(Below is a revised re-post from February 14, 2010, Adventures in Fiction.)
‘…Oh, but I am grateful to you, you so clever woman. Madam’—he said this very solemnly—’if ever Abraham Van Helsing can do anything for you or yours, I trust you will let me know. It will be pleasure and delight if I may serve you as a friend…all I have ever learned, all I can ever do, shall be for you and those you love. There are darknesses in life, and there are lights; you are one of the lights. You will have happy life and good life, and your husband will be blessed in you.’
In the last installment concerning this topic (part 1 can be read here), I expressed my doubts that Bram Stoker was making any sort of point about female sexuality in his classic horror novel.
Of all the commentary presented in the edition of Dracula I read, the material I can most readily accept as being part of Stoker’s intentional vision for the material is the inclusion of possible jabs concerning the tensions between Ireland and England*. As a writer, I have included names or versions of events that are jokes or jabs or homages, and it’s kinda fun when a reader recognizes them, too, and tells me so.
But over-analyzing the work of a long-dead author can lead us in directions he or she never intended. And he or she, being dead, cannot correct our errors.
I find it interesting that no mention was made to the Biblical allusion in the above dialogue from Van Helsing, which also later includes this:
‘Your husband is noble nature, and you are noble too, for you trust, and trust cannot be where there is mean nature.’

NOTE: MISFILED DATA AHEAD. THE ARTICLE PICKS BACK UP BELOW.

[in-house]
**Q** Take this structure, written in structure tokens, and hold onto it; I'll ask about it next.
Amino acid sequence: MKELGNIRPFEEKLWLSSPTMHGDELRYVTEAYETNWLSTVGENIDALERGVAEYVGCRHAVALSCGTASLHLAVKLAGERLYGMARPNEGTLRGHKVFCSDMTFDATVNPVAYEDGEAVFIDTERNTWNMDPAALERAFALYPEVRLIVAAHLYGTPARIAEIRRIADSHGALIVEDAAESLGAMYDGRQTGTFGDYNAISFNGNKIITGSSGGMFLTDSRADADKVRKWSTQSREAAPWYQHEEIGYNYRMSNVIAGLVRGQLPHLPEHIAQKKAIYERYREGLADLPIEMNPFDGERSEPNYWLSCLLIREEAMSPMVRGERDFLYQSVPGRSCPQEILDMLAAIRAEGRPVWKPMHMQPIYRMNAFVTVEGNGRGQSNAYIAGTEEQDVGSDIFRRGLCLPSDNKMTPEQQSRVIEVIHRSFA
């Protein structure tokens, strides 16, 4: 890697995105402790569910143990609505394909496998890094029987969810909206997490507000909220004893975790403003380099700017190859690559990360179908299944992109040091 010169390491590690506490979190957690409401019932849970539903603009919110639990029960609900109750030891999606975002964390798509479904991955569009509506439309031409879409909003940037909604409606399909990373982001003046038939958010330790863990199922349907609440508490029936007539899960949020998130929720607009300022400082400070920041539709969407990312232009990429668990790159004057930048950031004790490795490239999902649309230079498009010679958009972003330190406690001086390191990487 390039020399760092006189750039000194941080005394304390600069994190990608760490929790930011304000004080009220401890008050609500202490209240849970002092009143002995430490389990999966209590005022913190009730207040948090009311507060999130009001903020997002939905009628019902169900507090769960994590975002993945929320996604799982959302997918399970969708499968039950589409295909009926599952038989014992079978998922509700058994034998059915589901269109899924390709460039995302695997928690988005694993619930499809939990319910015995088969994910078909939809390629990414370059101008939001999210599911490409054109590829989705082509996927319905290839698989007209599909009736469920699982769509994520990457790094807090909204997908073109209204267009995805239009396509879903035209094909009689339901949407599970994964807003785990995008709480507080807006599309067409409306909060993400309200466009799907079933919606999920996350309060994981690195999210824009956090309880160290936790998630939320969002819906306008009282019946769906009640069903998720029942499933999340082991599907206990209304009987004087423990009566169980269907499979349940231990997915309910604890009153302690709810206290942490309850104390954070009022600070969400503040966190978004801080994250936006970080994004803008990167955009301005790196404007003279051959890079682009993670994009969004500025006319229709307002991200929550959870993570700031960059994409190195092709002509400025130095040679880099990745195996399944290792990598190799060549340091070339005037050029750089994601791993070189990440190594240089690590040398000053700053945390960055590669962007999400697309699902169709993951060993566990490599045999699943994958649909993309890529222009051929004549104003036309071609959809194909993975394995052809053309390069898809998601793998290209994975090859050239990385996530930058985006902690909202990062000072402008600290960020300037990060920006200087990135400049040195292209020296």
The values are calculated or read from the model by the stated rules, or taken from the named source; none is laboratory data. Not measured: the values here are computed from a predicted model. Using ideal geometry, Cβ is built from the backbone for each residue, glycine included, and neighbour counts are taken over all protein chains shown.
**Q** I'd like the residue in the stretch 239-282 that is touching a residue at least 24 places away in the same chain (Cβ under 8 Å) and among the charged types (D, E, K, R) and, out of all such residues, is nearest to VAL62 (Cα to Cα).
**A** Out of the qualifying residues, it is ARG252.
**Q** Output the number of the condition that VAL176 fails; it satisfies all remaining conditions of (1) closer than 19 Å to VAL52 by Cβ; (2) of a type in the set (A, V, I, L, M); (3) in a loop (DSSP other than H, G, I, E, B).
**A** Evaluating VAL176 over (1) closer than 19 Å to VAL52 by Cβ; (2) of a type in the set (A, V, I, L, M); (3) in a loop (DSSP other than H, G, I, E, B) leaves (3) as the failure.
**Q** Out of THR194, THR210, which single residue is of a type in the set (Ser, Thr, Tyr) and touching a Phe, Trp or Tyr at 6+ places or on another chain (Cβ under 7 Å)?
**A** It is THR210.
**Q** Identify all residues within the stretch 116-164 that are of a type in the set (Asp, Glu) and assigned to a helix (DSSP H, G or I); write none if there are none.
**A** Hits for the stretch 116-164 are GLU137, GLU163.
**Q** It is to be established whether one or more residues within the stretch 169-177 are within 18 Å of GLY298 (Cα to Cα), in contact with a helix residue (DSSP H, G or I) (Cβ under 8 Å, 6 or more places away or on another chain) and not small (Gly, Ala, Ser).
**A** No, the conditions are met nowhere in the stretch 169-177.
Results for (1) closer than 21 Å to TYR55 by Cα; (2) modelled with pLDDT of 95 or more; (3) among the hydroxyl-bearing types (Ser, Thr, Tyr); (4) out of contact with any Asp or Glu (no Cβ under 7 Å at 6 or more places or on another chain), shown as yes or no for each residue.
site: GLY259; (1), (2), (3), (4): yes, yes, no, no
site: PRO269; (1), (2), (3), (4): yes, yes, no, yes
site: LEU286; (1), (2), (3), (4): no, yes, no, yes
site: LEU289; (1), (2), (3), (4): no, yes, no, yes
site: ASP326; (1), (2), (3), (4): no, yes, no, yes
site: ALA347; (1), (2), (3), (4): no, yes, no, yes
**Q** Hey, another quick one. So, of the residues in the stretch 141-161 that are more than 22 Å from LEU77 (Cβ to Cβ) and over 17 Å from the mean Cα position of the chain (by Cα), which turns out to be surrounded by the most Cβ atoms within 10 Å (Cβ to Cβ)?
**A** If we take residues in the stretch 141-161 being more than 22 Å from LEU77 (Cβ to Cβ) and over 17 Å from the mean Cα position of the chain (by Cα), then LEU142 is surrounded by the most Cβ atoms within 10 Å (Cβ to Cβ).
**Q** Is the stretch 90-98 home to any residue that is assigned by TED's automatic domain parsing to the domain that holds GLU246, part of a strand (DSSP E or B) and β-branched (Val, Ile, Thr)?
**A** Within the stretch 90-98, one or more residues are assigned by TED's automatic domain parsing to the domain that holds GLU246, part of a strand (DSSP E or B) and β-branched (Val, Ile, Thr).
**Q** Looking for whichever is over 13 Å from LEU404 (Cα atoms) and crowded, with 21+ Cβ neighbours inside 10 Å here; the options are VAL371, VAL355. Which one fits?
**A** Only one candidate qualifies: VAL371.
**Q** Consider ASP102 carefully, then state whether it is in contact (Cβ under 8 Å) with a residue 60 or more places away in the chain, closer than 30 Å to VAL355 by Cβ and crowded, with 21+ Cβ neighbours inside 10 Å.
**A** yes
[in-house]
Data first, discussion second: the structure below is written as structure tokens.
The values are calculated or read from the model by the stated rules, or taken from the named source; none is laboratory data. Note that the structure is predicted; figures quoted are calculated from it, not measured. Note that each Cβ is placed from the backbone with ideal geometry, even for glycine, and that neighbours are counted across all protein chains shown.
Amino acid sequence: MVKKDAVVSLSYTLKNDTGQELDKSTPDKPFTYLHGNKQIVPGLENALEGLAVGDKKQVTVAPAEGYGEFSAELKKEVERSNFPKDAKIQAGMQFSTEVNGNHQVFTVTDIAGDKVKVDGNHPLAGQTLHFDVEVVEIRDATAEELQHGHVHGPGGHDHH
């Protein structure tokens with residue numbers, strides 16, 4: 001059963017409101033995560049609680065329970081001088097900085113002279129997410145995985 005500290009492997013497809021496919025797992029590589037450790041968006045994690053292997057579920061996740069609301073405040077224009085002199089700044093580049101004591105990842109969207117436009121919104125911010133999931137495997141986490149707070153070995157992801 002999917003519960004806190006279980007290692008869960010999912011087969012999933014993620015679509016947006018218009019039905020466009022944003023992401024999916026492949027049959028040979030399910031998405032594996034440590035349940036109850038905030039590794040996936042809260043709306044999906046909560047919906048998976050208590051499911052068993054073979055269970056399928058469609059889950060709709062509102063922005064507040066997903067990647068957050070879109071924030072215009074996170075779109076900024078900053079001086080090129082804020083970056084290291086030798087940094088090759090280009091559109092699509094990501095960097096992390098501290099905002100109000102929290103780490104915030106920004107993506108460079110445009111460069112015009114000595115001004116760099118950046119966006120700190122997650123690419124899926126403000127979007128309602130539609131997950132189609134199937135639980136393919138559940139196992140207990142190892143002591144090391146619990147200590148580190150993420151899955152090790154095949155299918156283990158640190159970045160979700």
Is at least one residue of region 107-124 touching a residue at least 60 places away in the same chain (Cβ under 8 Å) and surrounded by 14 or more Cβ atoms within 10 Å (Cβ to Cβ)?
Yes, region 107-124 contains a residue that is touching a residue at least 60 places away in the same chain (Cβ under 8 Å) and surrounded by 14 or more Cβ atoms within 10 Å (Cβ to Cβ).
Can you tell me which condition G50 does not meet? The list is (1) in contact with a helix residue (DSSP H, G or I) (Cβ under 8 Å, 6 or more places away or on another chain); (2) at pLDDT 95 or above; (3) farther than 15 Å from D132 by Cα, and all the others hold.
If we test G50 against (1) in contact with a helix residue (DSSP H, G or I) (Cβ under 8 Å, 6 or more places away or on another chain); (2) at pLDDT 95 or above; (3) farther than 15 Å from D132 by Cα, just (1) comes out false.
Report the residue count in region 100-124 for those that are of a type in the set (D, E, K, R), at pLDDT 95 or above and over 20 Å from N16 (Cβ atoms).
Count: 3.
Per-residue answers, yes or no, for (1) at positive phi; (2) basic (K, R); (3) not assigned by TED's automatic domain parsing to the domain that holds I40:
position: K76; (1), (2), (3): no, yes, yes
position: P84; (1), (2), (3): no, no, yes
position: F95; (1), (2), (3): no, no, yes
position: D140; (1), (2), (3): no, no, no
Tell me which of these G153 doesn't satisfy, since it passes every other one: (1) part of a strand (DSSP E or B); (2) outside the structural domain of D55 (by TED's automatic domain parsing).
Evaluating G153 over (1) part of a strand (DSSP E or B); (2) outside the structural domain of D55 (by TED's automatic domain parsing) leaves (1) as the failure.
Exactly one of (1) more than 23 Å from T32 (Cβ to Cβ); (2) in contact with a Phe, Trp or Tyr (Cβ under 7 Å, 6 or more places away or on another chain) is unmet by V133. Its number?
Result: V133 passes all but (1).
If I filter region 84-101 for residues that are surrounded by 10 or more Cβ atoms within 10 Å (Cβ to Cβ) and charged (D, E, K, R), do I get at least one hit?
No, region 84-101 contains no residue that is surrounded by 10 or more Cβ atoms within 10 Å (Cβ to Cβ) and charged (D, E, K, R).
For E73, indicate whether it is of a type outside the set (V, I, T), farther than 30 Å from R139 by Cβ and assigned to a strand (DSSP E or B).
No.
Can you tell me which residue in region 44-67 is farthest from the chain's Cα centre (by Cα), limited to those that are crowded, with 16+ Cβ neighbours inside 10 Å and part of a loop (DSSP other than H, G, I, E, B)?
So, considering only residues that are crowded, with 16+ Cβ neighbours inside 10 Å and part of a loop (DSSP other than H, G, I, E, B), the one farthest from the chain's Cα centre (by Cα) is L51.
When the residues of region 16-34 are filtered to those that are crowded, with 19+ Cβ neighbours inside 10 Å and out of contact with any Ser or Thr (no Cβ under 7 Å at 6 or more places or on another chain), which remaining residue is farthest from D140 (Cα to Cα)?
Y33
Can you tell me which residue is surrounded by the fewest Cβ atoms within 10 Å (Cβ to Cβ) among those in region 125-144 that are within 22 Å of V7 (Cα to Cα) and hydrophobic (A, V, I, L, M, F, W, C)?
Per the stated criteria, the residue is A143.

The Biblical reference that came to mind when I read this passage is found in Proverbs 31, verses 28 and 29:
Her children arise and call her blessed; her husband also, and he praises her: “Many women do noble things, but you surpass them all.”
Funny. Among all the other bits of trivia, historical references, suggestions of repressed sexuality, that didn’t make it into Valente’s notes at the back of the book.
Euripides, a Greek playwright from way back, said this: “Question everything. Learn something. Answer nothing.” So, I’m questioning.
Valente also asserts that, since Dracula casts no reflection in a mirror, he doesn’t really exist.
The notion of the immortal count being only a projection of one’s inhibitions or subconscious desires doesn’t stand. After all, Stoker writes that Dracula has been around for centuries before the novel’s characters meet him, and he has been served by the gypsies for generations. Sounds pretty corporeal to me.
Valente states in the notes, “The manner of Dracula’s death tends to confirm his status as a psychic emanation rather than an autonomous being.”
Uh, you sure about that? He crumbles into dust. As in “from dust we were made, to dust we shall return.” Again, sounds pretty corporeal to me.
There is also an argument made that blood in the novel can be seen as a metaphor for racism i.e. “bad blood” that is undesirable for mixing with one of pure blood.* That, and the fact that Dracula is proud of his varied and warrior heritage. I can sorta see that idea (refer to my above remark about the conflict between Irish and English, that is referenced subtly in the book), but it has the look of reaching about it; as if, once again, more is being read into Stoker’s words than he may have intended.**
— to be continued —
* The Occidental Tourist: Dracula and the Anxiety of Reverse Colonization by Stephen D. Arata (1990)
** “I Would Be Master Still”: Dracula as the Aftermath of the Wilde Trials and the Irish Land League Policies (2002) by Tanya Olson at thirdspace, a journal of feminist theory and culture. The article suggests Stoker may have been homosexual, and that the character of Jonathan Harker was also homosexual and functioned as Stoker’s stand-in.
Of Further Interest:
Tales of Woe and Wonder by Jeff Chapman, an excellent anthology of nine sideways stories, including “The Princess and the Vampire”, a tale of princess who decides to take a vampire for a lover.